Is Marriage for White People?: How the African American Marriage Decline Affects Everyone (Google eBook)

Front Cover
Penguin, Sep 1, 2011 - Social Science - 304 pages
22 Reviews
A distinguished Stanford law professor examines the steep decline in marriage rates among the African American middle class, and offers a paradoxical-nearly incendiary-solution.

Black women are three times as likely as white women to never marry.
That sobering statistic reflects a broader reality: African Americans are the most unmarried people in our nation, and contrary to public perception the racial gap in marriage is not confined to women or the poor. Black men, particularly the most successful and affluent, are less likely to marry than their white counterparts. College educated black women are twice as likely as their white peers never to marry.

Is Marriage for White People? is the first book to illuminate the many facets of the African American marriage decline and its implications for American society. The book explains the social and economic forces that have undermined marriage for African Americans and that shape everyone's lives. It distills the best available research to trace the black marriage decline's far reaching consequences, including the disproportionate likelihood of abortion, sexually transmitted diseases, single parenthood, same sex relationships, polygamous relationships, and celibacy among black women.

This book centers on the experiences not of men or of the poor but of those black women who have surged ahead, even as black men have fallen behind. Theirs is a story that has not been told. Empirical evidence documents its social significance, but its meaning emerges through stories drawn from the lives of women across the nation. Is Marriage for White People? frames the stark predicament that millions of black women now face: marry down or marry out. At the core of the inquiry is a paradox substantiated by evidence and experience alike: If more black women married white men, then more black men and women would marry each other.

This book not only sits at the intersection of two large and well- established markets-race and marriage-it responds to yearnings that are widespread and deep in American society. The African American marriage decline is a secret in plain view about which people want to know more, intertwining as it does two of the most vexing issues in contemporary society. The fact that the most prominent family in our nation is now an African American couple only intensifies the interest, and the market. A book that entertains as it informs, Is Marriage for White People? will be the definitive guide to one of the most monumental social developments of the past half century.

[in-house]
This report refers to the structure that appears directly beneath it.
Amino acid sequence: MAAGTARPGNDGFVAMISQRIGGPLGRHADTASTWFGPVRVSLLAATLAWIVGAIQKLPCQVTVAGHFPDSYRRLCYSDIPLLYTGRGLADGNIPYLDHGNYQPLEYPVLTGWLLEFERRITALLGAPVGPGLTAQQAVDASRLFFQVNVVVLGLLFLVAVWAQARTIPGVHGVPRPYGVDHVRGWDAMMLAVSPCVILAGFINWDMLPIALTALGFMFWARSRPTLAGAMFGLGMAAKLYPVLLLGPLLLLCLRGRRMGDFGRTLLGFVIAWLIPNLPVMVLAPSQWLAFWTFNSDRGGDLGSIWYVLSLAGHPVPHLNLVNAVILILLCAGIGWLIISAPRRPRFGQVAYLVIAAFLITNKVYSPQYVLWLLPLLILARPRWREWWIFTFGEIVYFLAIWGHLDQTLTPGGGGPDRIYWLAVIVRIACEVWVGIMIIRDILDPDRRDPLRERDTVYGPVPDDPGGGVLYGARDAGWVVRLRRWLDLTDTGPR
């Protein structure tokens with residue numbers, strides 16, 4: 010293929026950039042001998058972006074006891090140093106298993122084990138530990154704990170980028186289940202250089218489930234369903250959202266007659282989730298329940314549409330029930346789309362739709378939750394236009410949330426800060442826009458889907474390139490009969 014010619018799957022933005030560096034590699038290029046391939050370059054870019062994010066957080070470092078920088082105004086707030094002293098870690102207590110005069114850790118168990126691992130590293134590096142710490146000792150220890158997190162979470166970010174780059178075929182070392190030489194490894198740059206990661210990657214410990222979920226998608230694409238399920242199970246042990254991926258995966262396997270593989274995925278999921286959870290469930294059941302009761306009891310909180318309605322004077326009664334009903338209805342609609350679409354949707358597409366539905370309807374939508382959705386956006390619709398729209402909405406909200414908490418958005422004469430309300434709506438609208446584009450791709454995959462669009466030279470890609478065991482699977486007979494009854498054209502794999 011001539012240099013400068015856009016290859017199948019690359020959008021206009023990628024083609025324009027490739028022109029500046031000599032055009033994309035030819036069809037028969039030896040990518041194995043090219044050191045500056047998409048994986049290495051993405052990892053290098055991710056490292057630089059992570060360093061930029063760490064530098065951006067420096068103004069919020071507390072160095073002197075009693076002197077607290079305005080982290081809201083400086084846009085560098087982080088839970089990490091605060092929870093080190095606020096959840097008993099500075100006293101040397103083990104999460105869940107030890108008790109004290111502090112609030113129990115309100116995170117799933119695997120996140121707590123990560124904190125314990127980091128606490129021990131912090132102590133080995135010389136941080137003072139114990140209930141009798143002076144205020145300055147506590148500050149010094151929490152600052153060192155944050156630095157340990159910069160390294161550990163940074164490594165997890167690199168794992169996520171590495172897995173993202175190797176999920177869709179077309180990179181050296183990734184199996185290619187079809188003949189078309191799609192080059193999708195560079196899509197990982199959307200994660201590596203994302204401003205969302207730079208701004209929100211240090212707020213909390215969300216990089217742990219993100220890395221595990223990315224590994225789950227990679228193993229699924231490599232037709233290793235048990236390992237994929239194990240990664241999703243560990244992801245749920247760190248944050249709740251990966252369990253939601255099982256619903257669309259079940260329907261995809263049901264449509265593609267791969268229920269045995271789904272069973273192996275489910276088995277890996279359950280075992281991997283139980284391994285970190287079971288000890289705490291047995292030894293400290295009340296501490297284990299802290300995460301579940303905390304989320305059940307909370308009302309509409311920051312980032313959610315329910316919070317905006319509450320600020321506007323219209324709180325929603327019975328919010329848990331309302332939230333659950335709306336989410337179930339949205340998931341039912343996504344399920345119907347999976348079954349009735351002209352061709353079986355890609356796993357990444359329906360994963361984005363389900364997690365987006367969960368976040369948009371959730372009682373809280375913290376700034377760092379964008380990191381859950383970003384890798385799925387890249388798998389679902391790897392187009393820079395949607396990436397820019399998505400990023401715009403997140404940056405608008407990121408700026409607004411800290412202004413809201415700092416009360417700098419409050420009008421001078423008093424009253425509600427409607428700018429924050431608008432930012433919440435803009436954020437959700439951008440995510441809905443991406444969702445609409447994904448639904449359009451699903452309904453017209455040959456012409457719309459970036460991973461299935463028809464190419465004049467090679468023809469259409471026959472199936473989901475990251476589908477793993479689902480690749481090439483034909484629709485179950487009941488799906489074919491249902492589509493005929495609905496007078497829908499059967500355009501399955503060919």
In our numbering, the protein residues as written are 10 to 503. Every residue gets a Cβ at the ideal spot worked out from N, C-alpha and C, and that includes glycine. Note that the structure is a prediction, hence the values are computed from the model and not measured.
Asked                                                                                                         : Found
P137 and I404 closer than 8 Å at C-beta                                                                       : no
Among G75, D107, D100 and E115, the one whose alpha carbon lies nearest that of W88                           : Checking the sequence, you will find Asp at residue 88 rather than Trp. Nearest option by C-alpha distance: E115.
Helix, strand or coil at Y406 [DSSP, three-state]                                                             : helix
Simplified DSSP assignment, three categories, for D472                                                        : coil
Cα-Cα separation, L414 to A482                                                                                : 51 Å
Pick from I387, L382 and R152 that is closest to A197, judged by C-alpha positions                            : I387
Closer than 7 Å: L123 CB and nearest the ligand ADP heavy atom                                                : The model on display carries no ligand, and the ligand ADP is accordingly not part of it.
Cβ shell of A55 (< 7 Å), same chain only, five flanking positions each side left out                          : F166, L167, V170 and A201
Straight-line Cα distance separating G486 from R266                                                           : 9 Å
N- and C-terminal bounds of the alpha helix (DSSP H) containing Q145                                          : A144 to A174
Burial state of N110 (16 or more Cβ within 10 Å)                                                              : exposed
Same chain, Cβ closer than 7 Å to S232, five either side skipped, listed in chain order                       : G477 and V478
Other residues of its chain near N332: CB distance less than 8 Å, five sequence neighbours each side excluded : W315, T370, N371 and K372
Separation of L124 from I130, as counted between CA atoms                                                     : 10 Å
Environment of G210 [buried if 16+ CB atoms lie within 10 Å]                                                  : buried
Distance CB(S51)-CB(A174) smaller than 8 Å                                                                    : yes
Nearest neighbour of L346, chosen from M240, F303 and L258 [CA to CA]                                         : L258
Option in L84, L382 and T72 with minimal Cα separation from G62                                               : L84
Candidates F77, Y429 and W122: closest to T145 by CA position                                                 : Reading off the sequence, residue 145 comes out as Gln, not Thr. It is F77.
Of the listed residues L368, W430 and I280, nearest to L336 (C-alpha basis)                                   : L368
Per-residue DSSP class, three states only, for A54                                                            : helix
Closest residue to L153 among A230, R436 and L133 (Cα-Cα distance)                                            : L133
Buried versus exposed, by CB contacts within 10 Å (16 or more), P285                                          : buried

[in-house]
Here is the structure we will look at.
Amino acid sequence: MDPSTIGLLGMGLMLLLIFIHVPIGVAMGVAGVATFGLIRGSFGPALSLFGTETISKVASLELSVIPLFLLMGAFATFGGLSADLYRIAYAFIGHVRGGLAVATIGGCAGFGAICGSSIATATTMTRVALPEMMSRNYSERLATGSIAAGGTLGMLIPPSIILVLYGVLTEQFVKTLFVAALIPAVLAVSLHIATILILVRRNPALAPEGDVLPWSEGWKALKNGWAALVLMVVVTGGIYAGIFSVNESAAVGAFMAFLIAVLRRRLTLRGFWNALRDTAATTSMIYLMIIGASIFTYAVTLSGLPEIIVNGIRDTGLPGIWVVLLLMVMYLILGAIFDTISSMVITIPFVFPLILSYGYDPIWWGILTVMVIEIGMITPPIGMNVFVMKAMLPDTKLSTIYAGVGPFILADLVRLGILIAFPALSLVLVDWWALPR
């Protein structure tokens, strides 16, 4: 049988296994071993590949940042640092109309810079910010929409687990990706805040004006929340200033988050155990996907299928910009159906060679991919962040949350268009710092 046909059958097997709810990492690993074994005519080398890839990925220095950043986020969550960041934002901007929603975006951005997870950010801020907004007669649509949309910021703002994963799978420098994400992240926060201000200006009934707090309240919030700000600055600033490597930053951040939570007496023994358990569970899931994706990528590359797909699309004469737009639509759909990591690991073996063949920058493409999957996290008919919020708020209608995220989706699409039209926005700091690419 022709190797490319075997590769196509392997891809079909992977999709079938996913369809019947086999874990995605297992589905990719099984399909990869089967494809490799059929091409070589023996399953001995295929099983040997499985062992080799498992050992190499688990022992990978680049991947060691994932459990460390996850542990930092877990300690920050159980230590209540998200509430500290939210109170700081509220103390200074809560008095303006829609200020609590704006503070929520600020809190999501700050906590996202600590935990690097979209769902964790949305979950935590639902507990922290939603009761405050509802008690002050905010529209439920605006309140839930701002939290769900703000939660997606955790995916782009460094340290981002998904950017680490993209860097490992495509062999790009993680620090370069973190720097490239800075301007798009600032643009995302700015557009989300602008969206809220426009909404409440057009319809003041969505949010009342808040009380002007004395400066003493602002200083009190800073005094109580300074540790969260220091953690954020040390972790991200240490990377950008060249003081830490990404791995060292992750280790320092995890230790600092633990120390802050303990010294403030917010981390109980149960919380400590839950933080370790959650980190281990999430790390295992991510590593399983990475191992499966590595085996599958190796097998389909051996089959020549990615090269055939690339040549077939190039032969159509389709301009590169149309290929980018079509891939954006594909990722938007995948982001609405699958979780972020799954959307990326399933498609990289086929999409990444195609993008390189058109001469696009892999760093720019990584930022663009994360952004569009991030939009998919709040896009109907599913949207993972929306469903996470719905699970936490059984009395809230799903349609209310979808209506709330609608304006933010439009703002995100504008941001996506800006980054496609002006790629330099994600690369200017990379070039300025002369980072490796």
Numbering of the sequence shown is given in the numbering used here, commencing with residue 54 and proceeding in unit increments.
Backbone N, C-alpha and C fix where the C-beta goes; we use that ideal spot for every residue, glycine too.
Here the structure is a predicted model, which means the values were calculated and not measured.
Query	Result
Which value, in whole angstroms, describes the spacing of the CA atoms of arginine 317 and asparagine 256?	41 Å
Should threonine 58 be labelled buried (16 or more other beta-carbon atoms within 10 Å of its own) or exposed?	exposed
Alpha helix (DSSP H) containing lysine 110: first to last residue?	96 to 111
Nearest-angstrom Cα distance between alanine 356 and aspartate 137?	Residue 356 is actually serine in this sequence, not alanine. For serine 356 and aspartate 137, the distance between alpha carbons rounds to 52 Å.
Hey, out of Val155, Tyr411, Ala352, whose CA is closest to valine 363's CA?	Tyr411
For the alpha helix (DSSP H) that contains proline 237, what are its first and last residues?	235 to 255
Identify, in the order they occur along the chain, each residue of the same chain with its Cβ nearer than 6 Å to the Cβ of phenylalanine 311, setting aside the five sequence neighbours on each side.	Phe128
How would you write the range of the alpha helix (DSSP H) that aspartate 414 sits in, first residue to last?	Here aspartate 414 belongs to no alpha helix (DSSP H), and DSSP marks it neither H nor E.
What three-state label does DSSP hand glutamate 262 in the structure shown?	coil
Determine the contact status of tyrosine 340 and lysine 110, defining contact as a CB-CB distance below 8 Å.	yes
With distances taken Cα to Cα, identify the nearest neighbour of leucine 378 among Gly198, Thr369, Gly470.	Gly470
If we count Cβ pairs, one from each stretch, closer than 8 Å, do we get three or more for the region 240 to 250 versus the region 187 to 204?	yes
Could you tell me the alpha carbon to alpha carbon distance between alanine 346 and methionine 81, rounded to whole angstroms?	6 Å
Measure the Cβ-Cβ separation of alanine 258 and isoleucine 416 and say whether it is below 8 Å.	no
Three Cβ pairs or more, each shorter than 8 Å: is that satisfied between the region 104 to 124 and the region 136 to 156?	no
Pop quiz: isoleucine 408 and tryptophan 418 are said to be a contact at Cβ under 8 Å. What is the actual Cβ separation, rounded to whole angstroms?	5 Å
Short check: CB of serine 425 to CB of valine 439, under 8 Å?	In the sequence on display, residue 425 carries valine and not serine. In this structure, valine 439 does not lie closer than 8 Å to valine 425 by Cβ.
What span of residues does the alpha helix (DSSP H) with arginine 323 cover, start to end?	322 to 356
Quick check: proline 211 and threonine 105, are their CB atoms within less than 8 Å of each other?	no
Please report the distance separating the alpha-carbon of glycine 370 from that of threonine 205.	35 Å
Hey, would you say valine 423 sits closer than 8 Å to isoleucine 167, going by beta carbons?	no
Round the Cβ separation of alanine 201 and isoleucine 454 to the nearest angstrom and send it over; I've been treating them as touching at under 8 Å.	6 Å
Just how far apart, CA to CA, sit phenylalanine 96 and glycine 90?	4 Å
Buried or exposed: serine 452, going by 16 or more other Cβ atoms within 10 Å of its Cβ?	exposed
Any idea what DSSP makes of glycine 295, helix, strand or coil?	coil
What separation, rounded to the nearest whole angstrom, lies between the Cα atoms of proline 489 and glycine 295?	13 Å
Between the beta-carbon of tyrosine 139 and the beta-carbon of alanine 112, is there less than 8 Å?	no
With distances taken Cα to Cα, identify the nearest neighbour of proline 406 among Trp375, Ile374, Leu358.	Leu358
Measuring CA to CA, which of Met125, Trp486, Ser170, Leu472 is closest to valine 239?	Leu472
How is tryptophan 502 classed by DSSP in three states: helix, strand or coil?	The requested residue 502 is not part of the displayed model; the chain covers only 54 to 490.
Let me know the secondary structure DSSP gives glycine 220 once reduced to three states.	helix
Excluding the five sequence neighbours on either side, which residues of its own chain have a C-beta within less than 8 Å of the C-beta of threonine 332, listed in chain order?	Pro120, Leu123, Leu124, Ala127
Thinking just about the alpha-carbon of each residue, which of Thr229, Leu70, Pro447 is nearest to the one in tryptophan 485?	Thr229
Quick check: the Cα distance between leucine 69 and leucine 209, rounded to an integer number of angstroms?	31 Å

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Review: Is Marriage for White People?: How the African American Marriage Decline Affects Everyone

User Review  - Joyce - Goodreads

I originally picked this up because I was startled by the title. I thought "isn't that a bit racist?". The book is very interesting and easy to read. For a woman of a certain age with marriage age ... Read full review

Review: Is Marriage for White People?: How the African American Marriage Decline Affects Everyone

User Review  - Brizreads - Goodreads

This book was a great read, very informative and gave great insight to marriage dilemmas and relationship dilemmas as well within the African American communities around the country. I would not only ... Read full review

Contents

From the Poor to the Middle Class
1857
Partial Explanations
1859
Living Free
1860
Unfulfilled Hopes
1861
Divorce
1864
Sex and Children
1865
The Emancipation of Marriage
1866
The Persistence of the Ideal
1867
Status Stereotypes and the White Standard of Beauty
1938
The Story Internet Dating Reveals
1939
Explaining the Preferences
1940
The Other Part of the Story
1942
I Didnt Think He Was Interested
1944
The Black Track
1946
Swag
1947
Culture Preservers
1949

The European Contrast
1868
The New Meaning of Marriage
1870
Incarceration
1873
The Interracial Marriage Gap
1876
The Success Gap
1879
The Value of a Degree
1880
White Follows Black
1884
Marriage and the Success Gap
1885
Man Sharing
1888
Distrust and Discord
1891
What Men Want
1893
Why Women Accept It
1894
Disease
1897
Unwed Childbearing
1901
The MiddleClass Predicament
1903
Marriage Without the Shotgun
1905
Childlessness
1907
Abortion
1910
White Follows Black Again
1913
The BlueCollar Brother
1915
Money Matters
1919
I Tried to Help
1920
Working Without a Script
1922
Adding Insult to Injury
1924
Cultural Divide
1927
Hope over Reason
1929
A Missing Piece of the Puzzle?
1932
Intimate Segregation
1934
An Historical Surprise
1935
The Consequences of Not Going Out
1937
Rebutting Inferiority
1951
Will His Family Accept Me?
1954
Can He Come to Dinner?
1957
The Exotic Adventure?
1959
Will He Understand?
1961
What About the Children?
1965
Assimilation Anxiety
1967
Change
1970
Going Natural
1975
Dark but Pretty
1978
The Paradox
1979
Books
1991
Journal Articles
2000
Reports and Papers
2009
Newspaper and Magazine Articles
2016
Cases
2024
Films
2025
CHAPTER 1
2028
CHAPTER 2
2033
CHAPTER 3
2037
CHAPTER 4
2046
CHAPTER 5
2051
CHAPTER 6
2055
CHAPTER 7
2057
CHAPTER 8
2058
CHAPTER 9
2061
CHAPTER 10
2063
CHAPTER 11
2064
Copyright

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About the author (2011)

Ralph Richard Banks is the Jackson Eli Reynolds Professor of Law at Stanford Law School, where he has taught about marriage, race, discrimination, and inequality since 1998. His writings have appeared in academic journals such as the Stanford Law Review and the Yale Law Journal and in popular publications such as The New York Times, the Los Angeles Times, and the Chicago Tribune. He lives in Palo Alto.

Bibliographic information